TJ Osborne of Brothers Osborne, who admitted that his mother "hates" that he dyed his hair blond, spoke about how "incredibly fulfilling" it's been to perform for their fans since he came out as gay last year.
But country's big winner was Chris Stapleton, who took home three trophies, including Best Country Album. Asked backstage who out there he'd like to collaborate with, Stapleton, who's worked with Taylor Swift, Adele and Santana, among others, said he wouldn't mind working with Harry Styles.
Country superstar Carrie Underwood won the Best Roots Gospel Album Grammy for her faith-based project My Savior and cried backstage as she spoke about how it "means the world" to her that she won because she's wanted to make that kind of album "literally my whole career."
H.E.R., who won the Best Traditional R&B Performance Grammy, was still buzzing from her performance with Lenny Kravitz on the show. "I was having so much fun...growing up, I'd literally study all his videos...he's one of the reasons why I even wanted to play guitar, so having this full circle moment...I was at a loss for words."
And The Late Show with Stephen Colbert bandleader Jon Batiste, who had the most Grammys going into the show, also cited Lenny Kravitz as HIS full circle moment: Kravitz announced that Batiste had won the Album of the Year for his project We Are. "We played together when I was 16, so it was surreal," Batiste told reporters, adding, "Seeing Uncle Lenny up there, it was just like a whole vibe, like, 'This is far out.'"
Foo Fighters swept the rock categories, but sadly, they didn't attend due to the death of drummer Taylor Hawkins. St. Vincent won Best Alternative Album for Daddy's Home and backstage, she mentioned how happy she was that Jack Antonoff, her co-producer on the album, had been named Producer of the Year.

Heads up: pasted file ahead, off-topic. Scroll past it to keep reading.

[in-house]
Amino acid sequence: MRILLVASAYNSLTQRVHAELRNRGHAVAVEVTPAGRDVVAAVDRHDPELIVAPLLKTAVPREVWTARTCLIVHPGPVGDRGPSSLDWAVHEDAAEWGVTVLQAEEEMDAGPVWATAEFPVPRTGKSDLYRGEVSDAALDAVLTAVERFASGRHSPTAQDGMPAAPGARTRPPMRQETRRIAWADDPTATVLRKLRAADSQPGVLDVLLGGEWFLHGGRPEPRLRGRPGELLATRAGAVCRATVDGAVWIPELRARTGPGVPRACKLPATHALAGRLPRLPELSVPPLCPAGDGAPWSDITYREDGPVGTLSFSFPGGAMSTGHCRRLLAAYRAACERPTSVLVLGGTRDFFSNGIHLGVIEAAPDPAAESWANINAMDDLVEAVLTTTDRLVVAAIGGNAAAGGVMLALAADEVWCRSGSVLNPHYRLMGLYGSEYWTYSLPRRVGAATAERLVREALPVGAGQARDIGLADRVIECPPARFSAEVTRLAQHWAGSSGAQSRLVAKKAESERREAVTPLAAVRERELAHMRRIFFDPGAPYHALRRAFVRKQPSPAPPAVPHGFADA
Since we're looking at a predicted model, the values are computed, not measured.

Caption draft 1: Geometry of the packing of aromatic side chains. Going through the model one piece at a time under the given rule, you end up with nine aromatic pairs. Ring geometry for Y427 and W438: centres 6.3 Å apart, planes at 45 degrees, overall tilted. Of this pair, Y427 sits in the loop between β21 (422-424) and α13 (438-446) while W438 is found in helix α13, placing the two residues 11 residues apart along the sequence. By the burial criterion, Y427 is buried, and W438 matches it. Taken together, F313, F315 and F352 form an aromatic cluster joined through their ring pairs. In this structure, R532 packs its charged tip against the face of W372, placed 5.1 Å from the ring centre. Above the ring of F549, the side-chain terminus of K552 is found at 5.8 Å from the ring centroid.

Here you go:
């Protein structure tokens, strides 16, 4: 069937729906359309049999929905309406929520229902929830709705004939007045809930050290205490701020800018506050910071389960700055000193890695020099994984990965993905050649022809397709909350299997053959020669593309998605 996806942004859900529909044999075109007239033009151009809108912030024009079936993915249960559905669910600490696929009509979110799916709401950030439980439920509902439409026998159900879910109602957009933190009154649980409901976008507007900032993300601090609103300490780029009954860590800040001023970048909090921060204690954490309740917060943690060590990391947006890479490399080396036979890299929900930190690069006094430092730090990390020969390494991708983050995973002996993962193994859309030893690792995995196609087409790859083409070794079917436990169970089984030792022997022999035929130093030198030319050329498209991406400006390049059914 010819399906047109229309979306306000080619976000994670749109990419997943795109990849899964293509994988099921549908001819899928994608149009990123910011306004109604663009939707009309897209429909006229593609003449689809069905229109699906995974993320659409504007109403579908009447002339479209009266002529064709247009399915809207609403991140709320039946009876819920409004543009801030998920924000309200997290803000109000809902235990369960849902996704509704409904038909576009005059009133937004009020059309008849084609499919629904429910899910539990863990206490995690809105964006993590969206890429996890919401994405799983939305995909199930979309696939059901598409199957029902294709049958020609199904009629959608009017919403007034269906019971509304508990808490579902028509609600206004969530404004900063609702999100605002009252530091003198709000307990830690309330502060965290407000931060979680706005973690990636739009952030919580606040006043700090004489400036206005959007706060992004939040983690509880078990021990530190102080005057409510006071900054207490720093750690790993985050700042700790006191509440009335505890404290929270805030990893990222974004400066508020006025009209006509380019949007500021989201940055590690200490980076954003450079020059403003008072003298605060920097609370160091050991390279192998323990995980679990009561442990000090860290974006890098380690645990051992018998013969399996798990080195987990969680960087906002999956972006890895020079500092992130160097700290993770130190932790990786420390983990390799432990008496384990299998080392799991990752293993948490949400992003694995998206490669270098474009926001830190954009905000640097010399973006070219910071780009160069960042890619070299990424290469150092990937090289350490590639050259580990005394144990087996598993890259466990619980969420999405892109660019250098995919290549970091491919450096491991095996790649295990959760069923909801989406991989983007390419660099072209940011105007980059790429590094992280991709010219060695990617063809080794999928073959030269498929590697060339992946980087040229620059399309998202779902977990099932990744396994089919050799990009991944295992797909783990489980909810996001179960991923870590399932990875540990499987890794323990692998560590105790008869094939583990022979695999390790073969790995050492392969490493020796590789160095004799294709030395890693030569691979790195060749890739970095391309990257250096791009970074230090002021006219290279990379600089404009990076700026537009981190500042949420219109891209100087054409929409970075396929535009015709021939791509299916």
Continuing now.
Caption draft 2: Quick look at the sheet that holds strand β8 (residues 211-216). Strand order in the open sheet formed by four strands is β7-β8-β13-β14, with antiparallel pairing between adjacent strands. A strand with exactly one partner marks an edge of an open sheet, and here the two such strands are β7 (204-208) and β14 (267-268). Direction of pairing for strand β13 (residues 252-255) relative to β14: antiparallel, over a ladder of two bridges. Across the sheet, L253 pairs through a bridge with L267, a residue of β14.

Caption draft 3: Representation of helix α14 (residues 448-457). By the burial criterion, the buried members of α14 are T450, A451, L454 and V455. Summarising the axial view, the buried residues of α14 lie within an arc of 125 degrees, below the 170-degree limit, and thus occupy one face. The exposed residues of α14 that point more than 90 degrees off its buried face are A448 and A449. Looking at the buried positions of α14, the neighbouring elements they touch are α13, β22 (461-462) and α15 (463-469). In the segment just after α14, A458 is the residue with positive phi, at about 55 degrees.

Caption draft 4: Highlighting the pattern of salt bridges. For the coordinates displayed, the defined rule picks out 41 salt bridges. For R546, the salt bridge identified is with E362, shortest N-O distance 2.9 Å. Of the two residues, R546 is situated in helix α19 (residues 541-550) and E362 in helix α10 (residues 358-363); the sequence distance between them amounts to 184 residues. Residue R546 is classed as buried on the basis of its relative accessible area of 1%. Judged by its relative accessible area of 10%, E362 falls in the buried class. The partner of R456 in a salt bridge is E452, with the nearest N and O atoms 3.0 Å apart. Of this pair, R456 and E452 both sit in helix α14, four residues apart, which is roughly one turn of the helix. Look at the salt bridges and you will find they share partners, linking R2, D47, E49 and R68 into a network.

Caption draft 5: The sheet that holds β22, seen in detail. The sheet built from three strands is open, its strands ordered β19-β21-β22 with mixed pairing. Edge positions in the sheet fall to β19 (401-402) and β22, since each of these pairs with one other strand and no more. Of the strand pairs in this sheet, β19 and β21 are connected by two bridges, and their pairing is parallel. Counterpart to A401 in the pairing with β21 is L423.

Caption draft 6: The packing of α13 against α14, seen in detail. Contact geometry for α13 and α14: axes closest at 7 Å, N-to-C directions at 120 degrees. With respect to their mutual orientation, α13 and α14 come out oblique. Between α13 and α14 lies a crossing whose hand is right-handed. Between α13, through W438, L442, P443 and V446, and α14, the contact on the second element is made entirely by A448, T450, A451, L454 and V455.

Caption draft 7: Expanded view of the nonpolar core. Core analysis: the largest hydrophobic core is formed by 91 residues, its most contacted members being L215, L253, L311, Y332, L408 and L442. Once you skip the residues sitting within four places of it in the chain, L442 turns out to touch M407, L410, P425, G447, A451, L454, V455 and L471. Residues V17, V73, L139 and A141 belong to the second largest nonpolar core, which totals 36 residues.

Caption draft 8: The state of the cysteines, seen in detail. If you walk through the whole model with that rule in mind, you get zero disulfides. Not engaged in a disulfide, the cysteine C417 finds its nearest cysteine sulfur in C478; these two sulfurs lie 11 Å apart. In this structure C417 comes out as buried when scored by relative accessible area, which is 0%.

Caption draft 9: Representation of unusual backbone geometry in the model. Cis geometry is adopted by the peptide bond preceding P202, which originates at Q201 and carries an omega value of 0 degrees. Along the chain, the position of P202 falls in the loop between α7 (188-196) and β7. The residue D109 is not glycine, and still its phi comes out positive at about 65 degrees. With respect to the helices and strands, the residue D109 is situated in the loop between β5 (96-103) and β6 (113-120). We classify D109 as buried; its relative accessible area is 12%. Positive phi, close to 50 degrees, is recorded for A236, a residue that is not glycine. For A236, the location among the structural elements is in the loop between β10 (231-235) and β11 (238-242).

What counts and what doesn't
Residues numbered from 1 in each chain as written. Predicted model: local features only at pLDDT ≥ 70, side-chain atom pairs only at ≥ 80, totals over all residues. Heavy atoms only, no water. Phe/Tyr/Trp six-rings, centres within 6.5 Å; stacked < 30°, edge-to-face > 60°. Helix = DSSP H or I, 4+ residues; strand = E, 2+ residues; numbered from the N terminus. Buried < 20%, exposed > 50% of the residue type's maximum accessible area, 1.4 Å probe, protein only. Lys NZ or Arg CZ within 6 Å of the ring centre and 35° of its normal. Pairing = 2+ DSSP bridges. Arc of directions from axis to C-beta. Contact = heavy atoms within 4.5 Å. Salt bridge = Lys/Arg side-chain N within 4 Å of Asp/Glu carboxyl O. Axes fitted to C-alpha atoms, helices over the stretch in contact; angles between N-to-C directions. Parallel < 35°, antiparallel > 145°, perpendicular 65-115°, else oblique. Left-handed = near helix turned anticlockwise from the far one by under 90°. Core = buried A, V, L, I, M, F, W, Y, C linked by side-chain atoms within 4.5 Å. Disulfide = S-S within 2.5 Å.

She also spoke about how "times are changing" in terms of women in alternative rock, while rock legend Bonnie Raitt, who won the Grammy Lifetime Achievement Award, praised the new crop of young female artists, including Billie Eilish and Olivia Rodrigo.
"Across all genres, I think women are kickin' it," said Raitt.
Everyone else in the world has weighed in on the Chris Rock/Will Smith slapping incident at the Oscars last weekend, so why not Tool's Maynard James Keenan?
But instead of offering his opinion about Rock and Smith's actions on that night, Keenan decided to provide a different perspective: He demonstrated how Rock should have deflected the blow.
In a video filmed at Verde Valley Brazilian Ju Jitsu, which Keenan co-founded, the rocker demonstrates "some of the techniques that could have saved Chris Rock's life the other night." Of course, Rock didn't need his life saved -- he's alive and well -- but whatever.
Keenan and a colleague then demonstrate the slap, with Keenan noting that Rock had his hands behind his back -- "not smart when someone's rolling up on you like that," he says. He adds, "Here's the solution."
Keenan's colleague then pretends to slap him again, and Keenan blocks him by raising his arm to head height and bending it.
"I realize we're on the a** end of beating this dead horse, but f**kit," MJK writes. "Greetings from my academy."
Keenan is a brown belt and studies the Gracie style of Brazilian jiu-jitsu for self-defense.
Tool begins the European leg of their latest tour April 23 in Copenhagen.
Judas Priest was been nominated for induction into the Rock and Roll Hall of Fame for a third time this year. And while frontman Rob Halford believes that the band will be inducted "eventually," he'd like it to happen sooner rather than later.
The Metal God tells The Boston Globe, "We're keeping our fingers crossed that we do get in. Personally, I'd love it. I think there's nothing wrong in celebrating each other's achievements. Because we all do the same thing. It doesn't matter whether we're in a country and western band or a soul band or a rapper, we all do the same thing. There's a connectivity in the craft that we make."
Adds the 70-year-old rocker. "We'll wait and see. I think it's gonna happen eventually. When I'm alive, please, would be nice."
Judas Priest is currently out on its delayed 50th anniversary tour: The actual anniversary was 2020, but of course, nobody was touring then.
"Everybody's been very cool about stretching out the timeline of the 50th anniversary," Halford notes. "We're focusing on a band that has been in the heavy metal world for 50 years, which is an extraordinary event anyway. So why shouldn't we keep celebrating it?"
The band's next show takes places this Saturday, April 2, in Mashantucket, Connecticut.